During warmer months, you use sunblock, umbrellas and sunglasses to protect yourself from harmful exposure. Don’t let your personal protection end there. Remember to safeguard your data and mobile devices from potential harm, especially during your summer travels.
To get travel-ready, take these precautions while you still have access to secure Wi-Fi and cellular service:
- Change your password on university accounts to restart the default expiration clock and minimize the need to change it again. See the Unity Password Change Tool. Now is also a great time to set up a password manager, such as LastPass, if you don’t already use one.
- If you haven’t already done so, enroll in NC State’s two-factor authentication (2FA) solutions, Duo Security and Google 2-Step, to add an additional layer of protection to many of your university accounts. Remember to add multiple authentication methods so you will have a variety of ways to access your accounts. Authenticator apps, such as the Duo Mobile app and the Google Authenticator, can make verification codes even without cell or Wi-Fi signal. And for a verification option that doesn’t rely on a phone at all, add a USB U2F Security Key, such as a Yubikey sold at NC State Bookstores. You can find out more about other websites and services that offer two-factor authentication at Two-Factor Auth (2FA).
- Update your device with the latest patches, apps and operating system. Patches are new updates the operating system needs to fix bugs and vulnerabilities. Install them as soon as possible. You should also run the latest version of the apps installed on your device to fix bugs and security vulnerabilities. Whenever prompted, take time to also update your device to the latest operating system to keep it up-to-date and safe from malware. Check for all updates in your device’s settings when possible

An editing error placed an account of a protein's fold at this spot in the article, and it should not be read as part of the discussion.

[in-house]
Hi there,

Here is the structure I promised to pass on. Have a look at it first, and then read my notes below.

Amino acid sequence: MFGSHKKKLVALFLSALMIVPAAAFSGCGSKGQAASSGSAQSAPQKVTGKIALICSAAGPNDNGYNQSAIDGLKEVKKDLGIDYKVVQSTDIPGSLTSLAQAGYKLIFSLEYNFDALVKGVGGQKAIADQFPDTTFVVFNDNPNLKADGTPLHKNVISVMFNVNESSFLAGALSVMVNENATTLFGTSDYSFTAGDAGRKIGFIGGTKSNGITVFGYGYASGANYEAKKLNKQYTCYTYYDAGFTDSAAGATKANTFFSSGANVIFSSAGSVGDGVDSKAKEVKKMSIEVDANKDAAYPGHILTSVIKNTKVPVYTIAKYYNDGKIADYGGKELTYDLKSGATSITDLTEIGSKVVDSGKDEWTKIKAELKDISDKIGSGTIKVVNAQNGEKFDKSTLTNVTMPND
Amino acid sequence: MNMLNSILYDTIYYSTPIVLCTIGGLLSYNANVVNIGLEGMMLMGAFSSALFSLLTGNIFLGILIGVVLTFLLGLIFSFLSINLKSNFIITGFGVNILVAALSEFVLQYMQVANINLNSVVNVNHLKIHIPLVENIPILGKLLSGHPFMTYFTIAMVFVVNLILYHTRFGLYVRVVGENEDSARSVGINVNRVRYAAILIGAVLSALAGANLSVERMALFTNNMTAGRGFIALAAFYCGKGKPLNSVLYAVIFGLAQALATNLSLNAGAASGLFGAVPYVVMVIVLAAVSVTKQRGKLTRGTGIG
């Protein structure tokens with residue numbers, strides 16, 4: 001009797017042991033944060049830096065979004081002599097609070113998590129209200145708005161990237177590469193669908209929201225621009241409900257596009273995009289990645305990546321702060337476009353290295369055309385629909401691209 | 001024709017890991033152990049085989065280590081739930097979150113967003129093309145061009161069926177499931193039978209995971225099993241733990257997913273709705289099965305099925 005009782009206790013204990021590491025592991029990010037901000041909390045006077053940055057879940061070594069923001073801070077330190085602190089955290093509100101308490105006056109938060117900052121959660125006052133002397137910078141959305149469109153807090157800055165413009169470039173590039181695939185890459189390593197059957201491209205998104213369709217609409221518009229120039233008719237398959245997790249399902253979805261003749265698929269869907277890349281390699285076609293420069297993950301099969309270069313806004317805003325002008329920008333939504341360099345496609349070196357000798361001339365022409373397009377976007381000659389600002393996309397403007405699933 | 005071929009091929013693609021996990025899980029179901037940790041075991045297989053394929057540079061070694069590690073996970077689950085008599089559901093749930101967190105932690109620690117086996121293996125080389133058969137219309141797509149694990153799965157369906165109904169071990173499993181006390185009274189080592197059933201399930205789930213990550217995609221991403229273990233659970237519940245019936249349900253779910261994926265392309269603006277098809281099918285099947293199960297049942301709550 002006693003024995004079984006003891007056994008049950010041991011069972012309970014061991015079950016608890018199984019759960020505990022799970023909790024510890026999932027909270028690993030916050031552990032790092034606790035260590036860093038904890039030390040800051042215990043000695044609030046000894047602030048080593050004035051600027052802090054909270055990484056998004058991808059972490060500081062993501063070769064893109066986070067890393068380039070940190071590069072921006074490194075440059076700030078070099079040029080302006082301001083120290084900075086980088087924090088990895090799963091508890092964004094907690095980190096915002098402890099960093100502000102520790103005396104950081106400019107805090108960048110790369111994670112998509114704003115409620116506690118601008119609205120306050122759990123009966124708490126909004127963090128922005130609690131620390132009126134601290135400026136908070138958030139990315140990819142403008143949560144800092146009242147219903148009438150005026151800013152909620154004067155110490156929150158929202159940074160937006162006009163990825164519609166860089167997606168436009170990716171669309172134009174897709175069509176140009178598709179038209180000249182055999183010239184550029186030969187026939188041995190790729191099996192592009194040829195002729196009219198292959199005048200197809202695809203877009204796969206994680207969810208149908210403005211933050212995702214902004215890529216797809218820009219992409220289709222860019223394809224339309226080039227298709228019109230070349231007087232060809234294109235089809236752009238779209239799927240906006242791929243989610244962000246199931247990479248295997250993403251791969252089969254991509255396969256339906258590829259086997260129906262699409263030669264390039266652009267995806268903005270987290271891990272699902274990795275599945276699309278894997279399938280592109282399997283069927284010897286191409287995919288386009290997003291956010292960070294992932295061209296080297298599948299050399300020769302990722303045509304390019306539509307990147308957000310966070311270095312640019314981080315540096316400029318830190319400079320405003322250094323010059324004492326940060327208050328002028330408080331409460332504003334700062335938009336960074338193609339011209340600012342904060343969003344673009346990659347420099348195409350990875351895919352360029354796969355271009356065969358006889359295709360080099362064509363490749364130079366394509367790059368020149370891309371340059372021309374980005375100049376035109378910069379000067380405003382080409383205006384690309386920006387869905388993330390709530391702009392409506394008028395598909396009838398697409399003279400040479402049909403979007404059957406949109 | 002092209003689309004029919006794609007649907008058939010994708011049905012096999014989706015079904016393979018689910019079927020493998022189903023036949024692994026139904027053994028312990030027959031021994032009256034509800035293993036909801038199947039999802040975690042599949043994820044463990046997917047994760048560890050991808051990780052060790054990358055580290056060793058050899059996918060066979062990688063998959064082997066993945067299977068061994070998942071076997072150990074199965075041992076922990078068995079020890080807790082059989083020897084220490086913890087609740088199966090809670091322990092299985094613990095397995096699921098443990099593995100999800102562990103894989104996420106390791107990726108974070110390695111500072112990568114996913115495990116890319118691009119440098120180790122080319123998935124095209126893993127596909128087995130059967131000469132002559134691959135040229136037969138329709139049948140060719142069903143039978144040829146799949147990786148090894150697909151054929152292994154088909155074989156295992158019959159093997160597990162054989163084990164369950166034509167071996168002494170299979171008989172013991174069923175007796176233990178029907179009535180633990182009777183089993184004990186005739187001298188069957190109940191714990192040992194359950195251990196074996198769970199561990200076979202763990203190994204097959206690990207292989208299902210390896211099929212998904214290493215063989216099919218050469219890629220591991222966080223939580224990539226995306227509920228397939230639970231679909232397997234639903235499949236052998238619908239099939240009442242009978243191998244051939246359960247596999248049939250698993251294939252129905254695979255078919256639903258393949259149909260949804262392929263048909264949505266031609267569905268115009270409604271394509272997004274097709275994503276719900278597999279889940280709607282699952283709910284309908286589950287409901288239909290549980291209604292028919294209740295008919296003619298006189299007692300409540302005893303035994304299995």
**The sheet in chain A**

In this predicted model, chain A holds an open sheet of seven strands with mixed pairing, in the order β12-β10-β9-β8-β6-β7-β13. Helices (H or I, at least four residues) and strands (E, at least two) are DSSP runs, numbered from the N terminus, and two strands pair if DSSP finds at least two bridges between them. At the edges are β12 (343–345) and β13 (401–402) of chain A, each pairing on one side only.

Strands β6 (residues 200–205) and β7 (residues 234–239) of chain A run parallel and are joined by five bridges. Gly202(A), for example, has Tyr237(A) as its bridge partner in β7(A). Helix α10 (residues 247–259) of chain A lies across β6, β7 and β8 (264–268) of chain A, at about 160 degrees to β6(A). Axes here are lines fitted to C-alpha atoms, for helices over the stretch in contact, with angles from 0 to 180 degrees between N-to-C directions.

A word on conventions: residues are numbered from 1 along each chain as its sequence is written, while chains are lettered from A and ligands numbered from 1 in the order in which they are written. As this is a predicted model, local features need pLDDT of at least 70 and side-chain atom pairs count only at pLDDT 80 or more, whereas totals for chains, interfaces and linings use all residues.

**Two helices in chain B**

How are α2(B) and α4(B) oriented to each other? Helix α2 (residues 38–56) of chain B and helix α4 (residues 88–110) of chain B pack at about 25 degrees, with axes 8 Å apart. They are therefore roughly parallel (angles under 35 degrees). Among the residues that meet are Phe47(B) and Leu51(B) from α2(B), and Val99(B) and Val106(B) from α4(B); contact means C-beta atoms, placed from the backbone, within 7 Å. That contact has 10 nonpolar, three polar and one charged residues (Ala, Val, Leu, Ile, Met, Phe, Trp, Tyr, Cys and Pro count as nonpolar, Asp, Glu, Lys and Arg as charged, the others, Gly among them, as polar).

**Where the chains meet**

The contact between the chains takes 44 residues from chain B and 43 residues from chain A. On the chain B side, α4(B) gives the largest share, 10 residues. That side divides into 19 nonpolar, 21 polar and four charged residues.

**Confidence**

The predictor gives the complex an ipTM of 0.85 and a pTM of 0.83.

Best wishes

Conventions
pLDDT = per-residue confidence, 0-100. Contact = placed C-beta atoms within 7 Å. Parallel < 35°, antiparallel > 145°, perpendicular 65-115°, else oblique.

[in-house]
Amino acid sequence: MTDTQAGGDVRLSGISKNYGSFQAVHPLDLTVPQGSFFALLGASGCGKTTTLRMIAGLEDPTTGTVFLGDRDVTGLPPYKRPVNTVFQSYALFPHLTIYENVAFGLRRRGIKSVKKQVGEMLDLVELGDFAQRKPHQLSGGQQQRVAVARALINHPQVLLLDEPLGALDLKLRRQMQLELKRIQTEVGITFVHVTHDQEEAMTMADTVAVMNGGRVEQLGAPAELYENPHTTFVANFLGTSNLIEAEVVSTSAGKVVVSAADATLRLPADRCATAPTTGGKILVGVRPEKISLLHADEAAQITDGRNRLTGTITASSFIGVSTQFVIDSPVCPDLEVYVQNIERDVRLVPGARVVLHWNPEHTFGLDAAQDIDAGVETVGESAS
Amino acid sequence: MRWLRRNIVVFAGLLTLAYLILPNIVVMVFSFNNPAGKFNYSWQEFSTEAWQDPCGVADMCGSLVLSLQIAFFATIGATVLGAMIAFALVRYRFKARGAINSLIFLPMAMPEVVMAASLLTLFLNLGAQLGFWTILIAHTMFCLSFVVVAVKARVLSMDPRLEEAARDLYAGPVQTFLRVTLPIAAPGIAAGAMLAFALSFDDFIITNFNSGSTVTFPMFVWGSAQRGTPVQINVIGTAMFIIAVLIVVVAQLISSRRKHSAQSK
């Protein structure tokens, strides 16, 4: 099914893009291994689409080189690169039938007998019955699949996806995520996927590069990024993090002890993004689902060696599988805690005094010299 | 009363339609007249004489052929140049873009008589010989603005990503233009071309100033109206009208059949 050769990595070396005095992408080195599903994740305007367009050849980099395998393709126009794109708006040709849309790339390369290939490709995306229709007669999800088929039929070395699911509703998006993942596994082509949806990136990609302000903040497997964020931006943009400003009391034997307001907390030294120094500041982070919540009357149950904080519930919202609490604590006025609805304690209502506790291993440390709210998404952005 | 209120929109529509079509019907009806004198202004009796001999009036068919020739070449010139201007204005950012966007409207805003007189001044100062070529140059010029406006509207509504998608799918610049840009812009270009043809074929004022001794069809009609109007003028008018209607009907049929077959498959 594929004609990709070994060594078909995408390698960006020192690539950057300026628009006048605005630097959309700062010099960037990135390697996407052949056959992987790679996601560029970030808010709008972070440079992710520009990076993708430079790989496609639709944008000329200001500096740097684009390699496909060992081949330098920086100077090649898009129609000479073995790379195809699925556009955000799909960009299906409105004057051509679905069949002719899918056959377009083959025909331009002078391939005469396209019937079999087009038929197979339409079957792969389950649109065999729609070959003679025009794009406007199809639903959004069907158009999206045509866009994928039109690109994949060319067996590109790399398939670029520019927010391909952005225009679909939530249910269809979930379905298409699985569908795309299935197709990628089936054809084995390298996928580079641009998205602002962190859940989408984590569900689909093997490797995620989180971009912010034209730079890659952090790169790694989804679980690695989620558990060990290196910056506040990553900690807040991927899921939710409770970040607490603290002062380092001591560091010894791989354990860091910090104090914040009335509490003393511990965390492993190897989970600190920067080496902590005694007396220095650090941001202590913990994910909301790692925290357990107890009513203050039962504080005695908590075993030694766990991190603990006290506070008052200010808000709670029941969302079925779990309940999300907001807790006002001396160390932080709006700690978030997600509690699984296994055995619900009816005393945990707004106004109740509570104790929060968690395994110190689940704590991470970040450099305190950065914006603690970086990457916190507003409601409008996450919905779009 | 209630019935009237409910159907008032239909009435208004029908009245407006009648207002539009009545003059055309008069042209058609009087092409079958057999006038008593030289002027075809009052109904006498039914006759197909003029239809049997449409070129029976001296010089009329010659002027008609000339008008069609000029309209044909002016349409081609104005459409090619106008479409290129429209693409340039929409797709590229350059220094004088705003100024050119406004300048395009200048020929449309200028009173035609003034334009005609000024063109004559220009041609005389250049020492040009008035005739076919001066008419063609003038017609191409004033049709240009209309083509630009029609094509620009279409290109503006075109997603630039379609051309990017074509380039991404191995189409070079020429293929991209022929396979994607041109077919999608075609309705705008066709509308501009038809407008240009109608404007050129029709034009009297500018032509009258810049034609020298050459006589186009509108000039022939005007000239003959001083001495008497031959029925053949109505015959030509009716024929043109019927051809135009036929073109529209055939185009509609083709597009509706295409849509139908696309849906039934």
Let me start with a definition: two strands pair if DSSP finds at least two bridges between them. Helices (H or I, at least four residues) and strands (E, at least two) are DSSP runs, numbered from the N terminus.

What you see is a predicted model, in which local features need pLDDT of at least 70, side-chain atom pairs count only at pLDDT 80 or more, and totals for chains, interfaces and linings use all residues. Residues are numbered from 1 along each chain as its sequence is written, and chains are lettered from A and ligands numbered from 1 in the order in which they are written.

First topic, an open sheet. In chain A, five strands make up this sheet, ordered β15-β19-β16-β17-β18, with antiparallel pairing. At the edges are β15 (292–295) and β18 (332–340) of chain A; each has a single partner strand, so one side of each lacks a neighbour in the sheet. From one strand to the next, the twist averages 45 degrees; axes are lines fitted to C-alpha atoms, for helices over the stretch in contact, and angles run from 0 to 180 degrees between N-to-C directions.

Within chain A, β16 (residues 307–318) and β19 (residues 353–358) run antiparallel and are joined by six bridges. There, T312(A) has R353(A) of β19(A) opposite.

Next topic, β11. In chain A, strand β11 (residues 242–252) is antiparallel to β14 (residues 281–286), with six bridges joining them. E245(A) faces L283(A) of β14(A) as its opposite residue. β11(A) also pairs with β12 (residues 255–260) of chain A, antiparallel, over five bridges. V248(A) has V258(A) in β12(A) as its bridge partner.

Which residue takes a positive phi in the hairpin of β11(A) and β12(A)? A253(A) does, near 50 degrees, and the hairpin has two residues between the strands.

- Check TSA regulations and the U.S. Department of State Department Travel Advisories for alerts or warnings, which can include “tech” restrictions, for each country you plan to visit. Visit the Electronic Frontier Foundation website to learn about digital privacy at the U.S. border.
- Clear your devices of any content that may be considered illegal or questionable in other countries, and verify if the location you are traveling to has restrictions on encrypted digital content. If you need help, contact the NC State Help Desk at email@example.com or 919.515.4357 (HELP).
- Delete apps you no longer use to reduce the ways your device can get infected or your information compromised.
- Turn off automatic Wi-Fi or Bluetooth connections, so your device will not automatically connect or send your data over unsecured networks to unknown devices.
- Log out of active browser sessions as well as apps that give you access to online content. Remove any saved login credentials. This will prevent someone who is using your device without your knowledge from accessing your accounts.
- Fully encrypt your device to protect personal data; you will need your password to access this data once it is encrypted.
- Power off your devices before arriving at the U.S. border because that is where the risk of nearby high-tech attackers is the highest.
- Opt to store your devices in luggage and carry-on bags that can be locked to avoid theft.
- Use services like Apple’s Find My iPhone, Google’s Find Your Phone or Find Your Android Device to view your device’s location on a map in the event of loss or theft. Remember to lock it!
- Use remote wipe options in the event your device is lost or stolen.
- Enroll your device in eduroam to log in securely to thousands of other educational and research institutions that participate in eduroam worldwide.
- And, of course, charge your device before you leave home and bring your charger with you!